Problems with food, such as compulsive/binge eating, anorexia, bulimia, orthorexia & dieting failure affect people from every walk of life. There are millions of men and women suffering from chaotic eating, perhaps harbouring persistent weight problems and obsessed with food and weight control.
Control strategies such as dieting, fasting, purging, using laxatives, slimming pills and excessive exercise rarely succeed because the underlying issue needs to be addressed.
A good relationship with food and a healthy weight is central to your physical and emotional well-being.
The main types of eating disorders include:
It is possible for these conditions to co-exist alongside one another.
Anorexia Nervosa is a serious psychological illness. There are two types of anorexia: the restricting type and the binge eating/purging type.
Bulimia Nervosa – Binge eating and purging behaviours are characteristics of bulimia nervosa. There are two types of bulimia: the purging type and the non-purging type.
Binge Eating Disorder – A person with this condition frequently consumes large amounts of food at one sitting while feeling a loss of control over what they are doing.
Eating Disorder Not Otherwise Specified – This is the description used for an eating disorder that has some characteristics of anorexia or bulimia (or both).
Causes of eating disorders include a number of complex, interwoven, social, psychological and biological factors.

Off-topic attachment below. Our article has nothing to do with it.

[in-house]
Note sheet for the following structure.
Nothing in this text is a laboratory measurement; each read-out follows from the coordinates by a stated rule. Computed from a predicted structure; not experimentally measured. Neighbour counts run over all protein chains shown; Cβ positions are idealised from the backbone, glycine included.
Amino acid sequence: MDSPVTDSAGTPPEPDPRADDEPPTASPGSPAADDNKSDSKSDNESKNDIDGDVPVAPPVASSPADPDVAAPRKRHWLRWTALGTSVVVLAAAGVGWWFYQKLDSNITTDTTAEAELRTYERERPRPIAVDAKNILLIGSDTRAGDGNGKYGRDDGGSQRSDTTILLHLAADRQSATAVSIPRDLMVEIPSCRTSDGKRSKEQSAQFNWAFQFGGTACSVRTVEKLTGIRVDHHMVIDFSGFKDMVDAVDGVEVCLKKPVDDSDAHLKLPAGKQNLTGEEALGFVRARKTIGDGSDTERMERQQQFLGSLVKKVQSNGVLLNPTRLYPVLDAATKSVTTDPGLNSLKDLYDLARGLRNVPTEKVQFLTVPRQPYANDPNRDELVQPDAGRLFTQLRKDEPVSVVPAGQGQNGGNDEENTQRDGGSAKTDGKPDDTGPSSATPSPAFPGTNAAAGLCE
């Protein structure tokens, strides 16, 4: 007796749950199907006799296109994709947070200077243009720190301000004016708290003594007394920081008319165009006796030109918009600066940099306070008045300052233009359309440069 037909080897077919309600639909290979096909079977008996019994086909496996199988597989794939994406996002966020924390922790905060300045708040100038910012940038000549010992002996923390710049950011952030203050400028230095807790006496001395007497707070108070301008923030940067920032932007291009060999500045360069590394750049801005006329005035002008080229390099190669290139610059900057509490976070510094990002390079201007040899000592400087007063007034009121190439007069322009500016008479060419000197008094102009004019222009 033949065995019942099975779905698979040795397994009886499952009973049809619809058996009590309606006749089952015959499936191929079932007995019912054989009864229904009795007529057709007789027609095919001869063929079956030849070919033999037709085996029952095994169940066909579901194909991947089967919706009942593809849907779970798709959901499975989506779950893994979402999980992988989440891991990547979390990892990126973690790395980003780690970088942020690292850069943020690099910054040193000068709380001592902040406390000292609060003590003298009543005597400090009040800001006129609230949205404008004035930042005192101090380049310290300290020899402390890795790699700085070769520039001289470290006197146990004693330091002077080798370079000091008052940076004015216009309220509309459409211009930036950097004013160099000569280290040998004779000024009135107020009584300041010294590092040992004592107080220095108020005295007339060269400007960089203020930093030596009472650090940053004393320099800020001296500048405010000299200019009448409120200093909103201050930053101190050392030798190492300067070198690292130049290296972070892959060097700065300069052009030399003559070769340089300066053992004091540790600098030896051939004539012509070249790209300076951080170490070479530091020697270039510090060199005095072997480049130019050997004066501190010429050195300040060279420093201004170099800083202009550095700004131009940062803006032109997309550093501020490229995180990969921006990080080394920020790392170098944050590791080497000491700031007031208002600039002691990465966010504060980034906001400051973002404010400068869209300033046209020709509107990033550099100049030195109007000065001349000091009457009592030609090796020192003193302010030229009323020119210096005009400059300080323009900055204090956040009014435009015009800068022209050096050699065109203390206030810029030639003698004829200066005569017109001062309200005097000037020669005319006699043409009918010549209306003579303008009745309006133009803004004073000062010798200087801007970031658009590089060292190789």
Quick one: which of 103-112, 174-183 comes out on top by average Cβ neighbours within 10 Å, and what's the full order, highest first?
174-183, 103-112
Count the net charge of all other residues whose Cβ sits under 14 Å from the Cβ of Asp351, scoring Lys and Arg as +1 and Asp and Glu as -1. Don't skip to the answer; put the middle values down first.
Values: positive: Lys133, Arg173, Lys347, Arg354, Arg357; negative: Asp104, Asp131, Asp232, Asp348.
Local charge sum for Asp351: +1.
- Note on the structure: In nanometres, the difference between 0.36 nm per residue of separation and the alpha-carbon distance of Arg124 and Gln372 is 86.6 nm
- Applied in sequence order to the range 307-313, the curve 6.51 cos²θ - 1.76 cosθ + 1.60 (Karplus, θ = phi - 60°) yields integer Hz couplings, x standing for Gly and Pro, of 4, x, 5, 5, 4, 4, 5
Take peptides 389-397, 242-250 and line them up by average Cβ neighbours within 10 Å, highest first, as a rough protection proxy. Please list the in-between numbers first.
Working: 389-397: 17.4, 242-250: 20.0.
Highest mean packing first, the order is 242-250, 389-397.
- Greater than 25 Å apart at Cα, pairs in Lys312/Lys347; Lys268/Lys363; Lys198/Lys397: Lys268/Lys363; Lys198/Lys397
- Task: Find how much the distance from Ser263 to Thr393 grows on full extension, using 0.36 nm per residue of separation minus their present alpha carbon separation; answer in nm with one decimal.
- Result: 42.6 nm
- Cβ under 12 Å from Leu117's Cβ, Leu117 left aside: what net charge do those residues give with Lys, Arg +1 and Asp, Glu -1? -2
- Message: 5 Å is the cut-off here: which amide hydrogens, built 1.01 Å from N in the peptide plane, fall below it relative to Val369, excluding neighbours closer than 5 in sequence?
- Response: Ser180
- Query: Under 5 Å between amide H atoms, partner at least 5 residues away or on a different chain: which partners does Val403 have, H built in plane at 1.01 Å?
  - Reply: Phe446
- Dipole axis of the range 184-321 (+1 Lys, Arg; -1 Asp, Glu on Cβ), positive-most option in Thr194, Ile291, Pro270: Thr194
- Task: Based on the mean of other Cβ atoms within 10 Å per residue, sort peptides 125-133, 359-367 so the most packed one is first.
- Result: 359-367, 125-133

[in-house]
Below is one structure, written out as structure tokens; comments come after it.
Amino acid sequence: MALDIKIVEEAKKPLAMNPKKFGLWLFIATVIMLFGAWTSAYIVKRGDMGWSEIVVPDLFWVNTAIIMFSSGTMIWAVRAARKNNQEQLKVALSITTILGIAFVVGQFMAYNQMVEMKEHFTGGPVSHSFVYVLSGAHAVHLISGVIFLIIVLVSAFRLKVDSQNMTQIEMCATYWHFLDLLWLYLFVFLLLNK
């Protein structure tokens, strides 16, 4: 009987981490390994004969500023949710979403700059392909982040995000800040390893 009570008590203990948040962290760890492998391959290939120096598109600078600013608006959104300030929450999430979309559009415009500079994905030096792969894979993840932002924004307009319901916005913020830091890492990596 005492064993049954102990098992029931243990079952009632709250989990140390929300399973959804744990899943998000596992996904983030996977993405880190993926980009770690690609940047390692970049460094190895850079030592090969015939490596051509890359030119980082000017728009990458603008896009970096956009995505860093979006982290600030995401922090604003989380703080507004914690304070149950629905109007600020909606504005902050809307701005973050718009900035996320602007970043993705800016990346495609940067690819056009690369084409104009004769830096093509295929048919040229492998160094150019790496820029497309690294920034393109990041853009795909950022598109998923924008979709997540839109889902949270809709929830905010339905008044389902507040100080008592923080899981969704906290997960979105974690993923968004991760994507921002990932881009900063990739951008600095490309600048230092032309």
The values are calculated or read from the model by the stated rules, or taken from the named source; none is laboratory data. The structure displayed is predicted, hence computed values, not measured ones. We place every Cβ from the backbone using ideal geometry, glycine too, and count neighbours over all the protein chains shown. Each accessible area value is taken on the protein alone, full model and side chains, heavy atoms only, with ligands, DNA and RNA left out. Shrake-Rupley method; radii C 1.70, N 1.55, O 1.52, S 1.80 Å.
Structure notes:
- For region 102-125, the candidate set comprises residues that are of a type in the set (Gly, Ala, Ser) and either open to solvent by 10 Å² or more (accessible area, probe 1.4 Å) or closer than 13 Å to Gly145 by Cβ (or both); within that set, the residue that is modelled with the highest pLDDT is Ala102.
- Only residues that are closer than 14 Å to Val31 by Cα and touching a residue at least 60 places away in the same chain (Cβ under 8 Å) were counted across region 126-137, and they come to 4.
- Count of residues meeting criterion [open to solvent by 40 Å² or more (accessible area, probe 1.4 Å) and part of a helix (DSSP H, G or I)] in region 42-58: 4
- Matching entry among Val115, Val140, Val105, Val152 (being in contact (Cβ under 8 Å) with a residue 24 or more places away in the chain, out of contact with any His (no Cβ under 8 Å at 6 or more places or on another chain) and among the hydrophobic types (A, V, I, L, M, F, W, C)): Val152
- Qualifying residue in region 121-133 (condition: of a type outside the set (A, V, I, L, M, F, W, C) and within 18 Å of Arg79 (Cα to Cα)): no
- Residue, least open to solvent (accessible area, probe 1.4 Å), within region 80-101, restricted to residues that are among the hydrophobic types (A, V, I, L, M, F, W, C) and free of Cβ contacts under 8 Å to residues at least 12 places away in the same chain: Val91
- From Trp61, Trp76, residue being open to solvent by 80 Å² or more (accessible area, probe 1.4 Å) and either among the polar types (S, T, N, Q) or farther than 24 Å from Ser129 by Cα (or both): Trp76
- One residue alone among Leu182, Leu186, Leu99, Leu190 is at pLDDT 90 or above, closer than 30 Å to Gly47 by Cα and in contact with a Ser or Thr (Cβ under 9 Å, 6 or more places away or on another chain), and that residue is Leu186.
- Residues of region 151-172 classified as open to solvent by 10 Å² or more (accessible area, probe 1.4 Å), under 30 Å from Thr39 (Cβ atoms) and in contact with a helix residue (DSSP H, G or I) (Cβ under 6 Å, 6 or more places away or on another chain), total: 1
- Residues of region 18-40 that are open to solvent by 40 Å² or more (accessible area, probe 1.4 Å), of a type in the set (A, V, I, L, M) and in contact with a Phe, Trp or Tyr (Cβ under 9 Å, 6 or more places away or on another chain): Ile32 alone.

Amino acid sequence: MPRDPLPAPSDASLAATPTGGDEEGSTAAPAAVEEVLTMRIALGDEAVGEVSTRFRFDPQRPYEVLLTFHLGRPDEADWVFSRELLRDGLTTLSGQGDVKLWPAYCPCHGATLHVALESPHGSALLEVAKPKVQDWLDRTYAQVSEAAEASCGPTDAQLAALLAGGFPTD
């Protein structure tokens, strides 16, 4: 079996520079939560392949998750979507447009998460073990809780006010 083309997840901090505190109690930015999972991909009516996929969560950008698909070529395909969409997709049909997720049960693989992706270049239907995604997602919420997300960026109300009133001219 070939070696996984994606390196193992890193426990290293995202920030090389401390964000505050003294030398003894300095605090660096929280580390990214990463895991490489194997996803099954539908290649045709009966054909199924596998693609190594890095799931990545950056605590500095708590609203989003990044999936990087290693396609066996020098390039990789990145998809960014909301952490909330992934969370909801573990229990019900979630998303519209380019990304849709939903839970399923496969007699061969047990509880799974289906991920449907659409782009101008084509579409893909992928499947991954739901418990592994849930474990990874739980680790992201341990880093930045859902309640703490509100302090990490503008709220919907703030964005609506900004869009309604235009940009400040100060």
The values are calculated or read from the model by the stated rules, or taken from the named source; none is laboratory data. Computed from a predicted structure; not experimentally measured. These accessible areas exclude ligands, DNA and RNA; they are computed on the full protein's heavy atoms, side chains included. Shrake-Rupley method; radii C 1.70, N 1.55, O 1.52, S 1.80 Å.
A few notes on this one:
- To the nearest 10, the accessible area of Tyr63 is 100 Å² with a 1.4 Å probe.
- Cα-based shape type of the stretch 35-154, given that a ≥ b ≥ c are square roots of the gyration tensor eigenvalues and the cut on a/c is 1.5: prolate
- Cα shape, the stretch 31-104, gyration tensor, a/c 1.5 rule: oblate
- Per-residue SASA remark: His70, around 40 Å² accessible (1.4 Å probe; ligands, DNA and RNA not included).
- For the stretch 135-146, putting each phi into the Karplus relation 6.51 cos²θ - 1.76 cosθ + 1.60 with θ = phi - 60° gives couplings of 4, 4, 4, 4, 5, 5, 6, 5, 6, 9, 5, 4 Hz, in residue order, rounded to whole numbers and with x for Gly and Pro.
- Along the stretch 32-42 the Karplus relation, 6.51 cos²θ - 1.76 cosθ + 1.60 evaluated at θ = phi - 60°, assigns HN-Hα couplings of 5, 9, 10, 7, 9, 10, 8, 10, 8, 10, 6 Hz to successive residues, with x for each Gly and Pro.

Eating disorders often occur as a result of deeper emotional and psychological problems, whereby controlling food intake through overeating or under eating is used as a coping mechanism for feelings such as stress, anxiety, depression, sadness, anger or other difficult emotions.
Body image distortion/negative body image and low self-esteem are strongly implicated as other causes of eating disorders.
Other causes to consider are physiological in nature. It is possible that some people have a genetic predisposition for developing eating disorders, or that eating disorders are caused by chemical imbalances in the brain. It has also been suggested that dieting is a slippery slope to an eating disorder.
If you believe that you have problems with the food, you may find it helpful to contact your GP for help and guidance on how to manage this problem more effectively. You may also find it helpful to speak with a counsellor. The Rainbow Project provides a professional, confidential counselling service and appointments can be made by calling (028) 9031 9030.